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WLSB looks at strategic planning, brucellosis in meeting

by Wyoming Livestock Roundup

Cheyenne – In a three-day meeting held April 29 through May 1, the Wyoming Livestock Board (WLSB) took some important time to work on their strategic planning. They additionally held a business meeting to address brucellosis in elk, as well as several other topics.

“All in all, things went really well,” says WLSB Director Leanne Correll.

Strategic planning

Correll continues, “We didn’t get quite as far along in the planning as we had hoped.”

However, she added that they initiated some important and good conversations between the WLSB and staff members.

After a lengthy discussion and word-smithing session, the WLSB revised its mission statement to read, “Serve and represent Wyoming’s livestock industry through protecting livestock health and verifying livestock ownership.”

“We will be working between the staff and Board on expectations and some other crucial components,” adds Correll. 

In the meeting, the WLSB had hoped to write a mission statement, establish the primary functions and goals of the agency and to also set priorities based on the action items identified during their January meeting.

Brucellosis concerns

“We had some good conversation on the current situation in dealing with the elk brucellosis cases and assessing what the WLSB approach and actions will be,” Correll says. 

Among their first actions, the WLSB will contact producers in the area to reach out on a proactive basis and assess risk.

“We are addressing and working with producers in assessing risk on a case-by-case basis,” says Correll. 

The WLSB will work with producers on voluntary surveillance of herds that meet a threshold for risk potential and may suggest  some initial baseline testing in herds. 

Some of the costs will be deferred by the WLSB, including some veterinarian reimbursements. The funds will come from cooperative grant agreement money and is limited, so risk assessments conducted by the state veterinarian and the veterinary staff will determine the risk of each herd to decide where testing might be necessary.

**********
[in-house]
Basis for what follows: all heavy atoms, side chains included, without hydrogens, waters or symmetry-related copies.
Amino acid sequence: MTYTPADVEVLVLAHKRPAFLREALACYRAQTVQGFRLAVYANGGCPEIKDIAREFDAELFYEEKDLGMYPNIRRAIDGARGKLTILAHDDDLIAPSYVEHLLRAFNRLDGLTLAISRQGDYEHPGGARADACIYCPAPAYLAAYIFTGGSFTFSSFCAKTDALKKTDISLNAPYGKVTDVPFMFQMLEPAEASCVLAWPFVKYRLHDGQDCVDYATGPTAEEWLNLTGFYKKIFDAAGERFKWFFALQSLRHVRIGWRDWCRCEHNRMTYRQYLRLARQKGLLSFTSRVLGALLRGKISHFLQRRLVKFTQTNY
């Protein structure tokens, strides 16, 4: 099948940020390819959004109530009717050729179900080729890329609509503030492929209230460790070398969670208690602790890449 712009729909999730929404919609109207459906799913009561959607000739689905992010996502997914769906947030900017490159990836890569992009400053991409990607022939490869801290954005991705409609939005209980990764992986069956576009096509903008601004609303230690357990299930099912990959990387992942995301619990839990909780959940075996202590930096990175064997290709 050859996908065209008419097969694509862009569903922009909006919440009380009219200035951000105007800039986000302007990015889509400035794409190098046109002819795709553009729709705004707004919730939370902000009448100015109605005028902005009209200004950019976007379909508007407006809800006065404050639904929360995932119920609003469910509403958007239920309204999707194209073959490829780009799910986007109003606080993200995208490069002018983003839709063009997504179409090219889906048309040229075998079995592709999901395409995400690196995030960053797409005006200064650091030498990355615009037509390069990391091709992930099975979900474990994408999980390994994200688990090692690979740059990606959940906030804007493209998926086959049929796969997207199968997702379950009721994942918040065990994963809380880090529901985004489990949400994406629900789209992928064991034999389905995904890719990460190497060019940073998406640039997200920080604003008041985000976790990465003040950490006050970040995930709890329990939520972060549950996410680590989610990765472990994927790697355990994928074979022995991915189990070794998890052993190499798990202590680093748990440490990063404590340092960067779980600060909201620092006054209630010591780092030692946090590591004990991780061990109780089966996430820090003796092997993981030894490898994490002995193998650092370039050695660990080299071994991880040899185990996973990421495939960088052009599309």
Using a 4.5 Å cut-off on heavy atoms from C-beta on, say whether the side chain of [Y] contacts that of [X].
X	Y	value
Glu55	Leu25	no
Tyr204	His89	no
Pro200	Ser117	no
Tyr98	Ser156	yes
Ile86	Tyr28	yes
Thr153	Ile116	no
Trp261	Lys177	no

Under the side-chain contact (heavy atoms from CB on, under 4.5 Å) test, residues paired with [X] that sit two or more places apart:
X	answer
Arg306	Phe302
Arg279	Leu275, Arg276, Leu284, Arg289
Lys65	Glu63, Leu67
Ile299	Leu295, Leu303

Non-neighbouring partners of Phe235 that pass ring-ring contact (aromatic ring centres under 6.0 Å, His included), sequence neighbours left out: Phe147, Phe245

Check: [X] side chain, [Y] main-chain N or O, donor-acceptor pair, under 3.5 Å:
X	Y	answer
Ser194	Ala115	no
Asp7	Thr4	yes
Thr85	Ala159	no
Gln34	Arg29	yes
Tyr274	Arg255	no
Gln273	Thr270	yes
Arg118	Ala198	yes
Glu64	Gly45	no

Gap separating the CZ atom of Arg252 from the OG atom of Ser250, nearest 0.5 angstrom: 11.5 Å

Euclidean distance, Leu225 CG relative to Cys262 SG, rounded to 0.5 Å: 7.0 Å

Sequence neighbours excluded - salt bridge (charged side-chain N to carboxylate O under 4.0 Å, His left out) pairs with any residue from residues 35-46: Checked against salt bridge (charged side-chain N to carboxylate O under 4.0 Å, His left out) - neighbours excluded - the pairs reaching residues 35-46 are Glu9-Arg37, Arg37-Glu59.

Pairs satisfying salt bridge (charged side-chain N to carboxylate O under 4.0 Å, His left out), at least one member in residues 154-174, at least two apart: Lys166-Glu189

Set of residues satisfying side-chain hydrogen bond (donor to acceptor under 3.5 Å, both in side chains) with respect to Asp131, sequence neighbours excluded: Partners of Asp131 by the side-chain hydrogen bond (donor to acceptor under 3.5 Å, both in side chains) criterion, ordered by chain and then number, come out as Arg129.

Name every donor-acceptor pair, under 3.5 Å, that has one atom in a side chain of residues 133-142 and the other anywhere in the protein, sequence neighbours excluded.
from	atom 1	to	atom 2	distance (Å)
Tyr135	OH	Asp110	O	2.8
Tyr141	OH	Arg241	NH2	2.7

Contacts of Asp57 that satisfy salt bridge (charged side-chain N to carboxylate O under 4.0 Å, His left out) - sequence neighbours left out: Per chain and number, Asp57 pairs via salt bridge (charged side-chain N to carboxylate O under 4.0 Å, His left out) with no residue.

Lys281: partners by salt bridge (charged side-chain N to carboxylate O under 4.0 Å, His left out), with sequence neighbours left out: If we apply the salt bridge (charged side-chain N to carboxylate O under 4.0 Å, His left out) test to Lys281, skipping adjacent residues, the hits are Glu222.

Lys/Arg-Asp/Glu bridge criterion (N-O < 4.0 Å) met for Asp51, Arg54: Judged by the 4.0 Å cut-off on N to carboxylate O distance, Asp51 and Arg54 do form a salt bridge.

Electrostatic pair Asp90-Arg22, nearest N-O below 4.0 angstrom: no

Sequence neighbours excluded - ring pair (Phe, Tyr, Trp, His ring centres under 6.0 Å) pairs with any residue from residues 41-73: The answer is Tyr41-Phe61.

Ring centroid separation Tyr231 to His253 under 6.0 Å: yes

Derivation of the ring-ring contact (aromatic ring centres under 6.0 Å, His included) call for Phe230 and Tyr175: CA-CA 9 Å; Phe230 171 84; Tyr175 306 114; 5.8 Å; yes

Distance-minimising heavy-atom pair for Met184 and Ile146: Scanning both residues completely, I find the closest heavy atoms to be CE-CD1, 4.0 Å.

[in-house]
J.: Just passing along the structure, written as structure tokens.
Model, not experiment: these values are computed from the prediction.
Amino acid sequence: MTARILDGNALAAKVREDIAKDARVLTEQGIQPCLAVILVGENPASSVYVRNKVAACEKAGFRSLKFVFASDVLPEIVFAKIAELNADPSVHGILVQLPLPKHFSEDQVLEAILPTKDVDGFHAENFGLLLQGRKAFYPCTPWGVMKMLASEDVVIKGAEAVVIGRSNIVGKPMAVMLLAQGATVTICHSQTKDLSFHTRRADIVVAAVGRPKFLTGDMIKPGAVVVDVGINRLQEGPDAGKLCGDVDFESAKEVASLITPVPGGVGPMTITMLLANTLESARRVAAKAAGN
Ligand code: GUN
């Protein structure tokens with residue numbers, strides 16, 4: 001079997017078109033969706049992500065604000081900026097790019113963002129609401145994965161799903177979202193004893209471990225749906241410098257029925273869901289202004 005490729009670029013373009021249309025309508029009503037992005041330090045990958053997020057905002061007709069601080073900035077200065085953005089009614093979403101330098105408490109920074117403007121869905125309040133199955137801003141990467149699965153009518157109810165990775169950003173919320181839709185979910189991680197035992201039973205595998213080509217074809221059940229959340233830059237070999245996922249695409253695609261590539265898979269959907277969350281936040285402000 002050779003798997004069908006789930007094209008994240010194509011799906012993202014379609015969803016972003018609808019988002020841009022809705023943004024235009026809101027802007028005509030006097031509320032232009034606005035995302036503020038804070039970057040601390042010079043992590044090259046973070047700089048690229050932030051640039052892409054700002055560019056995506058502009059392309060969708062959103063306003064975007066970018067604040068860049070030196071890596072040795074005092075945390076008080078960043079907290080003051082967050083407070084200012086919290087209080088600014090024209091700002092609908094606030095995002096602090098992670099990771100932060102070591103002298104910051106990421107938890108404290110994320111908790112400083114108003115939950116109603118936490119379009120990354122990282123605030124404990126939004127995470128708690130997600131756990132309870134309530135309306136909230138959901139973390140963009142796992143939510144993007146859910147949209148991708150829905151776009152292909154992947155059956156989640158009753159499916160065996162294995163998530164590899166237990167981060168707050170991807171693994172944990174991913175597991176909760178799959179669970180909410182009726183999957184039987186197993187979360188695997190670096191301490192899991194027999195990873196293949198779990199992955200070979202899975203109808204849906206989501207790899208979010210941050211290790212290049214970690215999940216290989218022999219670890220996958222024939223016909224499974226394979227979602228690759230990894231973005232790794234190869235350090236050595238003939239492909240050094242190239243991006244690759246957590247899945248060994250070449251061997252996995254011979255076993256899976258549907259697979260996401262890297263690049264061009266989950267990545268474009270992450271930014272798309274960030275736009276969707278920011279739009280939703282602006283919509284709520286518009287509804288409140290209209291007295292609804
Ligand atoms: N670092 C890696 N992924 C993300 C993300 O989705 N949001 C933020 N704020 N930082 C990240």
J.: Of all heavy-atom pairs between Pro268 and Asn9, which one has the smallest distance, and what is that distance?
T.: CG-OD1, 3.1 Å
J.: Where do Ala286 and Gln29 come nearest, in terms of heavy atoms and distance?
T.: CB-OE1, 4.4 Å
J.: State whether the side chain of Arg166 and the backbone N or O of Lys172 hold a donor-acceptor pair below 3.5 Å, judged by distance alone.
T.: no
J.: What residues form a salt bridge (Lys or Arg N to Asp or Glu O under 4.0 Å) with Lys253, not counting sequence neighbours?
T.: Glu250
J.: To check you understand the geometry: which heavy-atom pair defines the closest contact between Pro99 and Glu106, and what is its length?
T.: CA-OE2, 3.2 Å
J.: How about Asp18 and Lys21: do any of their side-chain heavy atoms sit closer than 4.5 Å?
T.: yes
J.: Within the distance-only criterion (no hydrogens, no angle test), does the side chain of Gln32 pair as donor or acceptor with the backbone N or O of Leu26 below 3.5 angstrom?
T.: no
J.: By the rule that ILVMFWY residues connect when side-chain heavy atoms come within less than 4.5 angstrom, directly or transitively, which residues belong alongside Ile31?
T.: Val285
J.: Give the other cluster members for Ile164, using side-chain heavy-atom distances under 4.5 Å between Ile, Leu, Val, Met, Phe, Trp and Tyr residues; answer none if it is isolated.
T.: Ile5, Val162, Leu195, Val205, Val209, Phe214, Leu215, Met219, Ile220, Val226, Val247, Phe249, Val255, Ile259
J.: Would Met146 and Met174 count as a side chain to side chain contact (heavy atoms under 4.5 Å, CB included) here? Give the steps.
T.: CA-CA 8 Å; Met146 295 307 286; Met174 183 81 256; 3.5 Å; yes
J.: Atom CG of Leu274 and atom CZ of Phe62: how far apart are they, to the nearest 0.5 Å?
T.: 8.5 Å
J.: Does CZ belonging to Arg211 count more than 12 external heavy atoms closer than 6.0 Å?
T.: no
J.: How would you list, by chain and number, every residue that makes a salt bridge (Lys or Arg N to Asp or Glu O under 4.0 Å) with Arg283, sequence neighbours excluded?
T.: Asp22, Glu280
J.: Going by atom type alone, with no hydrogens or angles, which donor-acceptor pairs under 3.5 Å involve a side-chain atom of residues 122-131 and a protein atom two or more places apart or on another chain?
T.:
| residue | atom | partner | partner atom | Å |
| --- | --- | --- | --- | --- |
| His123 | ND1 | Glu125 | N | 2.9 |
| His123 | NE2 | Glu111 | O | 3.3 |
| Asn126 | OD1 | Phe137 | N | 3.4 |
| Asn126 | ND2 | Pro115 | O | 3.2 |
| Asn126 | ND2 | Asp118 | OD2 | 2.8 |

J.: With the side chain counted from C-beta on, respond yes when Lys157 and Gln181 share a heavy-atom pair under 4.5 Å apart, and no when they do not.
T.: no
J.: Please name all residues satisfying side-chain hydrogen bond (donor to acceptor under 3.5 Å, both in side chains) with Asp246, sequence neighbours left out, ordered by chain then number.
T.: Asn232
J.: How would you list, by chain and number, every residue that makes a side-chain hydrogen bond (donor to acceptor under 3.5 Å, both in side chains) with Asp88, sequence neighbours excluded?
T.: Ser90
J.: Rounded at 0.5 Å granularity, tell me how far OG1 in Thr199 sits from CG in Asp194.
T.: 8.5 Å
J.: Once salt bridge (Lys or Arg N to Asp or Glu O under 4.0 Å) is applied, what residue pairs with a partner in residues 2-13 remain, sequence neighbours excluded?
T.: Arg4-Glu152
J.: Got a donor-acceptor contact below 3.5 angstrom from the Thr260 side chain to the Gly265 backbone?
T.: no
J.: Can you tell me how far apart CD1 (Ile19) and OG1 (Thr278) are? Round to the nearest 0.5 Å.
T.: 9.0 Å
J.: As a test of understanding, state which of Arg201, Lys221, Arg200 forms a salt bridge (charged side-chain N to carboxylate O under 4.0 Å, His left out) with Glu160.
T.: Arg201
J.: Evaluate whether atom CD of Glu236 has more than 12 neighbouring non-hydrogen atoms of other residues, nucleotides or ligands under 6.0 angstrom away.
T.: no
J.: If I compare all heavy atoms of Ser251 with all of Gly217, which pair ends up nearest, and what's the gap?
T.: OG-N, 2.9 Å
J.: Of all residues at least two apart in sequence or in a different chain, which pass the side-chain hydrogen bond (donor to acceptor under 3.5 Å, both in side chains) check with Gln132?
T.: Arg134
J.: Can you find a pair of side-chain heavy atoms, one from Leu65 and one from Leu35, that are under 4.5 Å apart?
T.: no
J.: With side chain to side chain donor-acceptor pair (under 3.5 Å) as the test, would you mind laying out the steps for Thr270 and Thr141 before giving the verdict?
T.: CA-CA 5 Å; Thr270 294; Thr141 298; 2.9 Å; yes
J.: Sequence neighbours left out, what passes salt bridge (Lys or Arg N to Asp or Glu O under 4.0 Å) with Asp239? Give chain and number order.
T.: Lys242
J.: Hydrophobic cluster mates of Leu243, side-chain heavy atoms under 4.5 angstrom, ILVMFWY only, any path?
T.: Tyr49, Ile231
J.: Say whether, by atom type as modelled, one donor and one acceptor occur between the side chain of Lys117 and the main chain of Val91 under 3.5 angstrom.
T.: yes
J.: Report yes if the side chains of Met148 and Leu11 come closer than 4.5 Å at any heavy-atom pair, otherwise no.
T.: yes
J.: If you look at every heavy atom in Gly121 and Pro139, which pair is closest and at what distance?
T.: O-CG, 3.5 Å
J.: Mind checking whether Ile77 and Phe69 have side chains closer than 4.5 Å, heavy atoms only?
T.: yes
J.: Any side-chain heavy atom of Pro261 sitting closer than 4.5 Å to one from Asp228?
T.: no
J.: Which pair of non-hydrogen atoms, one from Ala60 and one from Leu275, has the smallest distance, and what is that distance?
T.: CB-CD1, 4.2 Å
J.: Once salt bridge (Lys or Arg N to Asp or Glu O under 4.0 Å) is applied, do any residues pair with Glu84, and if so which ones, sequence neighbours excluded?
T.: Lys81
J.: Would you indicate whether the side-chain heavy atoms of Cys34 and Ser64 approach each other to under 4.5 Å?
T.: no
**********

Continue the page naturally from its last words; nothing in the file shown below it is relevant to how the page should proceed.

“The discussions we had were really positive,” says Correll.

Brand changes

“Brand inspector mileage was the other big issue,” comments Correll. “The WLSB moved forward with making mileage payments for brand inspectors equal to the state rate.”

In the past, the WLSB has set a standard rate for brand inspector mileage payments. However, rates for the state have fluctuated, meaning brand inspectors have continually receive a lower rate. The state rates are set by the governor, who utilizes information from the Internal Revenue Service. 

“They set an ‘equal-to’ status for brand inspector mileage with the state, but they still want the ability to review where we are at budget-wise in the future,” adds Correll. “Right now, the WLSB feels confident we have the ability to fairly compensate  our brand inspectors for mileage .”

Additionally, the WLSB made some modification in their internal policies to reflect the recent changes to statute regarding delinquent brands.

Budget training

The WLSB also took time to do a budget training to refresh continuing members of the board and also introduce new board members to the process.

“We don’t have any instruction right now from the state budget office as to what the exception requirements will look like,” she comments. “The WLSB will come back this summer in July and really get into the nuts and bolts of the budget and look at it for the future.”

Moving forward

Correll notes that the time spent in Cheyenne was positive for a number of reasons, and she is optimistic about the ability of the WLSB to move forward and continue to address the issues of Wyoming’s livestock industry.

“We have a really good Board that is looking at moving forward together with the new members,” she explains. “As the  board grows together they will be addressing some of the concerns of the industry and looking at the issues.”

“There was good communication that occurred during the meeting, and it was very positive,” Correll comments. “We are looking forward to working with the new Board. We also encourage people to contact their Board members about what is happening in their areas.”

For more on the Wyoming Livestock Board, visit

Saige Albert is managing editor of the Wyoming Livestock Roundup and can be reached at

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